A hand-cast sterling silver thistle kilt pin based on traditional Scottish designs
Thistles have long represented the hardy resilience and beauty of the Scottish people. This detailed design from our Heritage Collection prominently features an intricate thistle set with a colorful CZ stone. The central figure stands out in full relief with three-dimensional, textured leaves. The central stone is available in five different jewel tones: citrine (pictured), amethyst, garnet, emerald and sapphire. A sturdy barrel clasp on the reverse ensures a secure wear for years to come.
The original kilt pin dates from the early 20th century, and elements from the design can be seen in dozens of variations in the years that followed. We intensified the level of detail in our recreation, and we cast the piece to be more durable, nearly doubling the weight of silver from the original. The piece measures just under 1.5 inches across.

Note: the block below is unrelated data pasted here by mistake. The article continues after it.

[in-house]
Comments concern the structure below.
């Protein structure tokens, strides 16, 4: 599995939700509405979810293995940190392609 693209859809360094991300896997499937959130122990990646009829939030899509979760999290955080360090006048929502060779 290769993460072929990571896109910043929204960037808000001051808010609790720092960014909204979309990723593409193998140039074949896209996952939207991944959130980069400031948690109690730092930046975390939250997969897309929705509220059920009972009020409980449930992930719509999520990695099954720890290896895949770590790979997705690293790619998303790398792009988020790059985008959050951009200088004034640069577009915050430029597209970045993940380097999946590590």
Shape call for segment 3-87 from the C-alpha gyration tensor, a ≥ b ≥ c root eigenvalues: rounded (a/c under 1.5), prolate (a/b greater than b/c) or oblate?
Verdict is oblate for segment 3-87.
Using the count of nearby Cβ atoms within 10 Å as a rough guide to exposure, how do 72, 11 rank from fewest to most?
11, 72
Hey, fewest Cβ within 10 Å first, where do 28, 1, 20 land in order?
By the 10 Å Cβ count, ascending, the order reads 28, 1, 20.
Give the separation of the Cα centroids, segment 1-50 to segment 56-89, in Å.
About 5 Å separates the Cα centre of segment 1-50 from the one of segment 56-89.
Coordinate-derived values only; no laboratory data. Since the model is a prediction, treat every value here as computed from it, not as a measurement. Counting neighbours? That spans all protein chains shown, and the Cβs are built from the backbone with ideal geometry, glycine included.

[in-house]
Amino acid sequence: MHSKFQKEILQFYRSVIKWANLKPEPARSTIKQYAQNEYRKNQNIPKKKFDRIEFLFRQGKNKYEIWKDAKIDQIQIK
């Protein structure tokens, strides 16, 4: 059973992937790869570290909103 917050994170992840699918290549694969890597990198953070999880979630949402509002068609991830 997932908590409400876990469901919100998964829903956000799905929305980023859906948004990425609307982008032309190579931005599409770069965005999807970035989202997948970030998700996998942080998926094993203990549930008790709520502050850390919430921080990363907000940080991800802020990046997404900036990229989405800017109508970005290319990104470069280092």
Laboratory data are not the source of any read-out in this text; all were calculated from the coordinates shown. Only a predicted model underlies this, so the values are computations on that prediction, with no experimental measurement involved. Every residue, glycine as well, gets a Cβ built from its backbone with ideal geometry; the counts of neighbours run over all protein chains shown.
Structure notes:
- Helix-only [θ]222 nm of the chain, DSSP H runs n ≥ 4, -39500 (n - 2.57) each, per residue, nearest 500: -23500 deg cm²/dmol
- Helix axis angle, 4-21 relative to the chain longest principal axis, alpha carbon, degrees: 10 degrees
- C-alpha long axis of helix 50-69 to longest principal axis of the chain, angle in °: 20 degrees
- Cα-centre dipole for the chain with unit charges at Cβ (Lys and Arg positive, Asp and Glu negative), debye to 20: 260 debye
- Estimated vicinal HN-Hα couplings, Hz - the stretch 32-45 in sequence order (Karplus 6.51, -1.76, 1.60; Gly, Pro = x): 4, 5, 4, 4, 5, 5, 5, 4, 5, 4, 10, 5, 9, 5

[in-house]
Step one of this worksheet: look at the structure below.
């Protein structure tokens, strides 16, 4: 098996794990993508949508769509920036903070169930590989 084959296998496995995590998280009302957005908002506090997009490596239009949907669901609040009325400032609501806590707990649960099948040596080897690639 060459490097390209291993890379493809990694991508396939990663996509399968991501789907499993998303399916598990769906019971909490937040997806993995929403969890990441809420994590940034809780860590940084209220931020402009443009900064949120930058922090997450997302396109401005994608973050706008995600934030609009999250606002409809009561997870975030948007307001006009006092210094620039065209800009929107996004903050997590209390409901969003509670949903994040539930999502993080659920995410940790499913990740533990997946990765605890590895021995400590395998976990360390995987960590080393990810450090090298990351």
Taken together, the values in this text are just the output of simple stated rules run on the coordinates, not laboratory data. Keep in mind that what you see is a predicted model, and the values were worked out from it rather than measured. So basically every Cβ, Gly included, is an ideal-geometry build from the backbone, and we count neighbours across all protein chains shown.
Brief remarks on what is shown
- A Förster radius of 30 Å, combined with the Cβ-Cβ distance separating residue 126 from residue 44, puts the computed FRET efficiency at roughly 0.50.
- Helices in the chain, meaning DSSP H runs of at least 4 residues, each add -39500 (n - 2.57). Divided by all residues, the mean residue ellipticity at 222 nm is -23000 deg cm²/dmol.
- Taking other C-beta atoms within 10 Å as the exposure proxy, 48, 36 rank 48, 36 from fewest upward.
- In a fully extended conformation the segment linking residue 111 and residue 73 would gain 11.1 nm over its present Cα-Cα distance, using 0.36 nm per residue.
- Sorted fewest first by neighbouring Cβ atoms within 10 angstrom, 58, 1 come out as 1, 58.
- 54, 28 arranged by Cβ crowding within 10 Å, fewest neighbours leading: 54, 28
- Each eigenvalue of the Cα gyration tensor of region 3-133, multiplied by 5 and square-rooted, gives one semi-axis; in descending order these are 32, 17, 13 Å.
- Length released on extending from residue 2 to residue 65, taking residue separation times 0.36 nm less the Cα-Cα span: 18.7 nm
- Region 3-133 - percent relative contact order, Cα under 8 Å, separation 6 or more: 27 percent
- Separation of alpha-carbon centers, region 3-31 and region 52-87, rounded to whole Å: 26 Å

Found across the Scottish nation, the beautiful purple thistle was first used as a royal symbol of Scotland in 1470. In fact, according to legend, the lowly thistle was instrumental in turning the tides of a Norse invasion at the Battle of Largs in 1263.
An invading battalion of Norsemen, on orders from King Haakon of Norway, landed in Ayrshire. They intended to subdue the Scots as Scotland was, at that time, part of the Kingdom of Norway. Removing their footwear to better surprise the sleeping Scots, the Norse invaders crept through the nighttime darkness until one of Haakon’s soldiers trod across a patch of prickly thistles. His cries of pain woke the Clansmen of Scotland. Alerted to the approaching army, the Clansmen rallied and drove off the invaders, securing Scotland’s freedom for another few generations.